Alas, New York State may beat NJ to the punch in legalizing simple gay "marriage", which would reduce the advantage in attracting prosperous gay couples to New Jersey, people who would contribute to the community but make minimal demands upon government services, such as schools.
I remarked to Gaetano:
DISGRACEFUL. If the objection was to the pose (with one guy behind the other, but fully clothed), the people in charge of the yearbook should have asked for a picture of the two face to face. If they didn't want to accept any foto, they should have said so before the guy paid for it, so he could either accept that and withhold his money — or sue the bastards, because antihomosexual discrimination is ILLEGAL in NJ. Marion Bolden should be ashamed of herself — and removed from office for violating the NJ Law Against Discrimination (LAD). There is no place in the Newark public schools for antihomosexual discrimination.The second blogger, from Newark, rightly compared the discrimination in this incident to racial discrimination.
It's been noted that the bias seen today against homosexuals has parallels to discriminatory policies of the past. Consider if the administrators had blacked out a photo of an interracial kiss, and read the comments again. It's the same attitudes, by the same sorts of people, just in a new era. We've made a lot of progress on the civil rights and tolerance frontier (this couple is probably not in danger of being lynched) but to continue making progress it's necessary to be aware of and condemn behavior like this.I left the following comment at that blog:
The superintendent's behavior was not just rude. It was also ILLEGAL. The New Jersey Law Against Discrimination (LAD) bars discrimination on the basis of "affectional or sexual orientation". See this official webpage of the State of New Jersey: http://www.state.nj.us/lps/dcr/law.html#LAD. Superintendent Bolden said she did not review the entire yearbook. But she had a legal obligation to do so, in order to determine whether what she proposed to do was discriminatory. She could easily have ordered that every kiss in the yearbook be flagged so she could review all such pictures. She did not do that but chose to jump to suppress an image of two boys kissing. She violated the law and vandalized thousands of dollars worth of books. It's time for her to go. Everyone offended by this should write to Governor Corzine to demand her ouster: http://www.state.nj.us/governor/govmail.html.I'll write to the Governor myself when I have time. I should also see if Mayor Booker has email. Bolden is a State appointee; Newark does not have control of its schools yet. But Booker can put pressure on the State to oust her — as might, incidentally, empower him to put someone of his own choosing into that key spot!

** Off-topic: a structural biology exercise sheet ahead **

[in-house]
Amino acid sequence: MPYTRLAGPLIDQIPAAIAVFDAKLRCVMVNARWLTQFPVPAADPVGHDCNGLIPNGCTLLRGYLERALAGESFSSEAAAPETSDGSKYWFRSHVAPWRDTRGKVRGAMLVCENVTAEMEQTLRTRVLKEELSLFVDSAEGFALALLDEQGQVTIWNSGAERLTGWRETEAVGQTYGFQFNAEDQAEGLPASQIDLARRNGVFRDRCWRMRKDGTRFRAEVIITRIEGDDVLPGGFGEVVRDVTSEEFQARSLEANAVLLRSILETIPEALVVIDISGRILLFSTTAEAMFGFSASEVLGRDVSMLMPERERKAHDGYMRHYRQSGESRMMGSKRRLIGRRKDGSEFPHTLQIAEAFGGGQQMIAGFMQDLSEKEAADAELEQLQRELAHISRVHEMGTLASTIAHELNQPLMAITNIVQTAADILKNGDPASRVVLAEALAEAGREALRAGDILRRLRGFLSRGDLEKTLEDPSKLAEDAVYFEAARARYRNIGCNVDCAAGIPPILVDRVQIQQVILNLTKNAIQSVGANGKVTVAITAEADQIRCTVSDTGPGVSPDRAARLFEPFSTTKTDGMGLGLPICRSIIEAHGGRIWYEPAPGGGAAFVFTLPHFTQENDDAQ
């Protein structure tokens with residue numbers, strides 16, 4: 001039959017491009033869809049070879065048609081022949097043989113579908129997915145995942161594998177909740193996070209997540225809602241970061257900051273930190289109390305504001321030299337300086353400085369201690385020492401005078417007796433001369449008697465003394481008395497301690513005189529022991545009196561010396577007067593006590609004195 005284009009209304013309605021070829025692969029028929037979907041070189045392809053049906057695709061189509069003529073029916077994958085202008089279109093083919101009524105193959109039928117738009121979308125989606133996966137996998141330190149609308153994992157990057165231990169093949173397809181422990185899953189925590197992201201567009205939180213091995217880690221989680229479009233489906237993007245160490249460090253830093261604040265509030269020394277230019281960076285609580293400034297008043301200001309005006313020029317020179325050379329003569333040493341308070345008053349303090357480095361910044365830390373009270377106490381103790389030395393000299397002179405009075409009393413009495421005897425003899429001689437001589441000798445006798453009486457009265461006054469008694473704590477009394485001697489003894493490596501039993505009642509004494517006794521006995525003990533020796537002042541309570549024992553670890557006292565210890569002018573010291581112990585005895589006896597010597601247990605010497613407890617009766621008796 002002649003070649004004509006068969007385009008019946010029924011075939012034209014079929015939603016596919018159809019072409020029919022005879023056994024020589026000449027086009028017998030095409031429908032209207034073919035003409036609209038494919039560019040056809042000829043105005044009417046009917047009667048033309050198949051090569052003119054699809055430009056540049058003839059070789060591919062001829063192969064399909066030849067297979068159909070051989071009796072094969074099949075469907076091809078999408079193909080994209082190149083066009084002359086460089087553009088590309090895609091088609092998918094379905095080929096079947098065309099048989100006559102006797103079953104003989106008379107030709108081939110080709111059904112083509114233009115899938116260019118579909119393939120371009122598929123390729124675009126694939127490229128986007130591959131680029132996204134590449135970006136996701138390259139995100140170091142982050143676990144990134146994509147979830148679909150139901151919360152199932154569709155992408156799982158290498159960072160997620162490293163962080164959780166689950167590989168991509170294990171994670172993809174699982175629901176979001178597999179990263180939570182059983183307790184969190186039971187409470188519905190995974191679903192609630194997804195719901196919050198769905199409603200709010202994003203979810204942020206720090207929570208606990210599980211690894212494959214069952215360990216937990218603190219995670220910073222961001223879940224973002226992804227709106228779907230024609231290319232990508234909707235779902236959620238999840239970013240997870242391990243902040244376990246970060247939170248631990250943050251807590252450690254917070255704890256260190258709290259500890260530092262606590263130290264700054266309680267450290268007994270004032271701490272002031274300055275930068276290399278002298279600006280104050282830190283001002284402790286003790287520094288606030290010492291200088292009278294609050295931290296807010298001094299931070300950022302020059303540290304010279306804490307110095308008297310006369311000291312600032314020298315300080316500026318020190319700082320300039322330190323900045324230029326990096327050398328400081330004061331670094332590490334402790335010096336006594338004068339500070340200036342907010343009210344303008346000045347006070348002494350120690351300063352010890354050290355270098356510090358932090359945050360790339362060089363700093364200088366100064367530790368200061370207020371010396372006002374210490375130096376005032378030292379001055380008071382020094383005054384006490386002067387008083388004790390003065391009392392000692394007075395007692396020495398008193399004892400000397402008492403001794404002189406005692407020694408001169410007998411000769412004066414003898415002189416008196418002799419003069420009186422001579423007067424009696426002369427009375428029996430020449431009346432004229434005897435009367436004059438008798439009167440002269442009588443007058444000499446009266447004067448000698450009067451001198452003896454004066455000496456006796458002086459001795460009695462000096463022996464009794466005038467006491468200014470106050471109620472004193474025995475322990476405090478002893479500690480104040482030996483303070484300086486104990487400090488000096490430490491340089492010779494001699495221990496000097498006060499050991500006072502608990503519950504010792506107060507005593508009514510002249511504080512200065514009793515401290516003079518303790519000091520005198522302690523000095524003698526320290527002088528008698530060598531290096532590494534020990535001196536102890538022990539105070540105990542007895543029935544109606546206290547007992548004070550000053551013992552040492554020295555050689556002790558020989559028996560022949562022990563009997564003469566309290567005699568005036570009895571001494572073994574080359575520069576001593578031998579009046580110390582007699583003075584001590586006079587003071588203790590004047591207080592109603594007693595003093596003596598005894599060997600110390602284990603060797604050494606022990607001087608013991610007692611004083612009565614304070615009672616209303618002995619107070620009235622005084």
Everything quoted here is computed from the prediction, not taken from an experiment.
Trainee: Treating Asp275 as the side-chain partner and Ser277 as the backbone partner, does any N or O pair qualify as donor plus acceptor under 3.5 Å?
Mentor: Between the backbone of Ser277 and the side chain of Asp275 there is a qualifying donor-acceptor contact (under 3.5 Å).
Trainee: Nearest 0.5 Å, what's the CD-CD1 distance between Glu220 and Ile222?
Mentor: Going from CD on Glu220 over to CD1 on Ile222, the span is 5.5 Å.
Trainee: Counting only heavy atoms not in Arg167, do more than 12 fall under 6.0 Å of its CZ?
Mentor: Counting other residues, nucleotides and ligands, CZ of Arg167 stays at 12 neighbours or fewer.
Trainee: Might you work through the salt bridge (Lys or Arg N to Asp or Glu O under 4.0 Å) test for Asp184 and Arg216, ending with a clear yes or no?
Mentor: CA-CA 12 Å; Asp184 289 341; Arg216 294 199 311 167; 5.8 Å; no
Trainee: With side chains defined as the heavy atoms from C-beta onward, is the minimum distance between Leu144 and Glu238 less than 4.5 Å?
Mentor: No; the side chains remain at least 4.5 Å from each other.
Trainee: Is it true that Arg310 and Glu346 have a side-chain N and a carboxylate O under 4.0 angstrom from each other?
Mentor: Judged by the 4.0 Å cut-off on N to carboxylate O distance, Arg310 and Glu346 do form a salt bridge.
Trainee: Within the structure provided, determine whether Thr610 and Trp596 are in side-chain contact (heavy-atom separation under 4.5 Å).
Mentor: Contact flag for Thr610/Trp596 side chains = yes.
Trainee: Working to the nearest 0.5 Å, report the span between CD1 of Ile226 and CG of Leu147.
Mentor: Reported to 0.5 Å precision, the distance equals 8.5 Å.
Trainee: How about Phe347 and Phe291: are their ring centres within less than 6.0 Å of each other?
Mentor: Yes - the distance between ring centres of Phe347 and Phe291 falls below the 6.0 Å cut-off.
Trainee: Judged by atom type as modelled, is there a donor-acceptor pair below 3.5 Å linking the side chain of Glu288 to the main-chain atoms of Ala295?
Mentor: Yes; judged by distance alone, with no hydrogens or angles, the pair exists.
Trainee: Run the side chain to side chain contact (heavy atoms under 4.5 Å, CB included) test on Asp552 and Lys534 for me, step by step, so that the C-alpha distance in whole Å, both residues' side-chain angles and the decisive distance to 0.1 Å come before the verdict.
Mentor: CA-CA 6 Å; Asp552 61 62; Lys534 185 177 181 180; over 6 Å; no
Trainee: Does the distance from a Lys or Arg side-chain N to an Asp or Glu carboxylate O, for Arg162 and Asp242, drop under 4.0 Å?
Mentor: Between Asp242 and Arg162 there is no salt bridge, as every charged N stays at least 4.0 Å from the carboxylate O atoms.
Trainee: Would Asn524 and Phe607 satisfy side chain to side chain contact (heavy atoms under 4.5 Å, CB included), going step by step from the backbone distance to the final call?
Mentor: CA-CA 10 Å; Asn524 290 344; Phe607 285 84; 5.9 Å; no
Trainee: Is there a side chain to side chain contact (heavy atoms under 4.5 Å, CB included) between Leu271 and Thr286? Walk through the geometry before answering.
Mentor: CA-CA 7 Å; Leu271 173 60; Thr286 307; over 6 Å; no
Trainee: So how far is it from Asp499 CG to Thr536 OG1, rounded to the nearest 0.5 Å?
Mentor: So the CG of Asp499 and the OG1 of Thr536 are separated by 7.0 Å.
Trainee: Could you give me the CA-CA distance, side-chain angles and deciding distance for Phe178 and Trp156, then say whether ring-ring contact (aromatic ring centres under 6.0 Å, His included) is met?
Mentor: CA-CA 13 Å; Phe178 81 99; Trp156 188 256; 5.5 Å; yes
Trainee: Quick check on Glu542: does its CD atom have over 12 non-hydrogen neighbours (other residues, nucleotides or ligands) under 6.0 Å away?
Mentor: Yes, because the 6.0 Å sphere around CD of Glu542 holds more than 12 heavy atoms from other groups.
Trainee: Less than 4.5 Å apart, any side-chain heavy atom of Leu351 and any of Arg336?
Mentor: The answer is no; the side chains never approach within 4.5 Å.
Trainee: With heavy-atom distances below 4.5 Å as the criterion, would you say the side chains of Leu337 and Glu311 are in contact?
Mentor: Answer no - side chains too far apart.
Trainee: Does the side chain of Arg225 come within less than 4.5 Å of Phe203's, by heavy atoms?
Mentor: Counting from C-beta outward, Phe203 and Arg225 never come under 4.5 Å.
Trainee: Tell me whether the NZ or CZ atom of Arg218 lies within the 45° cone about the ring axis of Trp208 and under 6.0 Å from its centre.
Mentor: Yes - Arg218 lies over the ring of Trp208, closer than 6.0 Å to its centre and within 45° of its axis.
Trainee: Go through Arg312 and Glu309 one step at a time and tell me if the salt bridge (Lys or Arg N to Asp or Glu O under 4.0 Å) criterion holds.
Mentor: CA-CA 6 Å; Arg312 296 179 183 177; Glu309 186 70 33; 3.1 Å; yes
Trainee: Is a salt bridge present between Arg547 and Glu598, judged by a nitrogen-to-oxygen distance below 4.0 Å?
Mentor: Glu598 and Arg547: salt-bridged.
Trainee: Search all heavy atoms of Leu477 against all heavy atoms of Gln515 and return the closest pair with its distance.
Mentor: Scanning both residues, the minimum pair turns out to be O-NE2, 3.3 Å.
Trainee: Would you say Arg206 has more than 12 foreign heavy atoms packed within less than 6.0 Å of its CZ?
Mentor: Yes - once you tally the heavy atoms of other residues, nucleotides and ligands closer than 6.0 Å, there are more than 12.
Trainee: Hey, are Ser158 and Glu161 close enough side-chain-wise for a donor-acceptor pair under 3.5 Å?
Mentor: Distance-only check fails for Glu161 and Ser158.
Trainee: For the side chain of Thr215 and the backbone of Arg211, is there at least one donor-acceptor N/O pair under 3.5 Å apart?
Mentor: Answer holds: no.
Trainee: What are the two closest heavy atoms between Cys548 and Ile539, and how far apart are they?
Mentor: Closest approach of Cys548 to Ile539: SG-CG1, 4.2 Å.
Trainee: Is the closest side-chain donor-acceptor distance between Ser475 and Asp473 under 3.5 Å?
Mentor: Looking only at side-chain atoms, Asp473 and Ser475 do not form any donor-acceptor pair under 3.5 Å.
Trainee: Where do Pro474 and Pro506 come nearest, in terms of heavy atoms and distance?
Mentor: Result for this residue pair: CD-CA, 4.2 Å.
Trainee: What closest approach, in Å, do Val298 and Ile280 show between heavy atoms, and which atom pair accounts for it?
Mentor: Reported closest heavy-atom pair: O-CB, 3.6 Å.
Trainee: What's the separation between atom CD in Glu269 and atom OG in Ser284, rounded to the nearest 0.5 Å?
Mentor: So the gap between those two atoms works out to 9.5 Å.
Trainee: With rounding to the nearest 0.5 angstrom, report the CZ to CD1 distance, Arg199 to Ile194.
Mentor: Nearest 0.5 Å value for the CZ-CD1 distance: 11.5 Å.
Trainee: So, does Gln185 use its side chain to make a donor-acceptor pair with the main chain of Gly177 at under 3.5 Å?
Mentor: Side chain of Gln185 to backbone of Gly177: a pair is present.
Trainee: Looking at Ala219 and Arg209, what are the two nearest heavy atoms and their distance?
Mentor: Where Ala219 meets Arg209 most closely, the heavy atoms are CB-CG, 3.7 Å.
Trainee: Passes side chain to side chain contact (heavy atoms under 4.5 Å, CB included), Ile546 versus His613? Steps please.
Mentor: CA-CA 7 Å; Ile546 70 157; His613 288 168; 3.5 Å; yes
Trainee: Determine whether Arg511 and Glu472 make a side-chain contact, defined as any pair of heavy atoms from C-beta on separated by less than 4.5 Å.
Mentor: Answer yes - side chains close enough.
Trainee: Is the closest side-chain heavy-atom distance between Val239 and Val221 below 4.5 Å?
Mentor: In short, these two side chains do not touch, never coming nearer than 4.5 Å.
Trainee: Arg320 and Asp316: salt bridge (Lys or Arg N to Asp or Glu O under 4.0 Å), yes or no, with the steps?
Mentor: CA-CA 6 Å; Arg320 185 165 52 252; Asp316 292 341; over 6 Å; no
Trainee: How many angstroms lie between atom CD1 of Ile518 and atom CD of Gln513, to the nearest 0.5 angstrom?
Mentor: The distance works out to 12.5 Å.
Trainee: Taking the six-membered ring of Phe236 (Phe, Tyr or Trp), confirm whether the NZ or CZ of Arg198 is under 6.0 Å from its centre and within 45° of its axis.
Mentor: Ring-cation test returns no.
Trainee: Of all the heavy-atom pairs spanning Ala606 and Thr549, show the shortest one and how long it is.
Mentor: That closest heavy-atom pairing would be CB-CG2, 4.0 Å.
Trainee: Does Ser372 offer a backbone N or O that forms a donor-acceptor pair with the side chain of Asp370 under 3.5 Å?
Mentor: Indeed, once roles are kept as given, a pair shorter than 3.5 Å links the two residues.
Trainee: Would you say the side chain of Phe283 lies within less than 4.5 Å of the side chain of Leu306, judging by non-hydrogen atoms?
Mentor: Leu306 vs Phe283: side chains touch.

Gay men have lifted marginal neighborhoods all over this country, and Newark could surely benefit from an influx of gay people. Shows of antigay bigotry by someone high in local government hurt the future of Newark, more than just the feelings of the students offended. At least the kids had the good sense to be offended. Do Newarkers generally?
(This is borrowed from my Newark fotoblog.)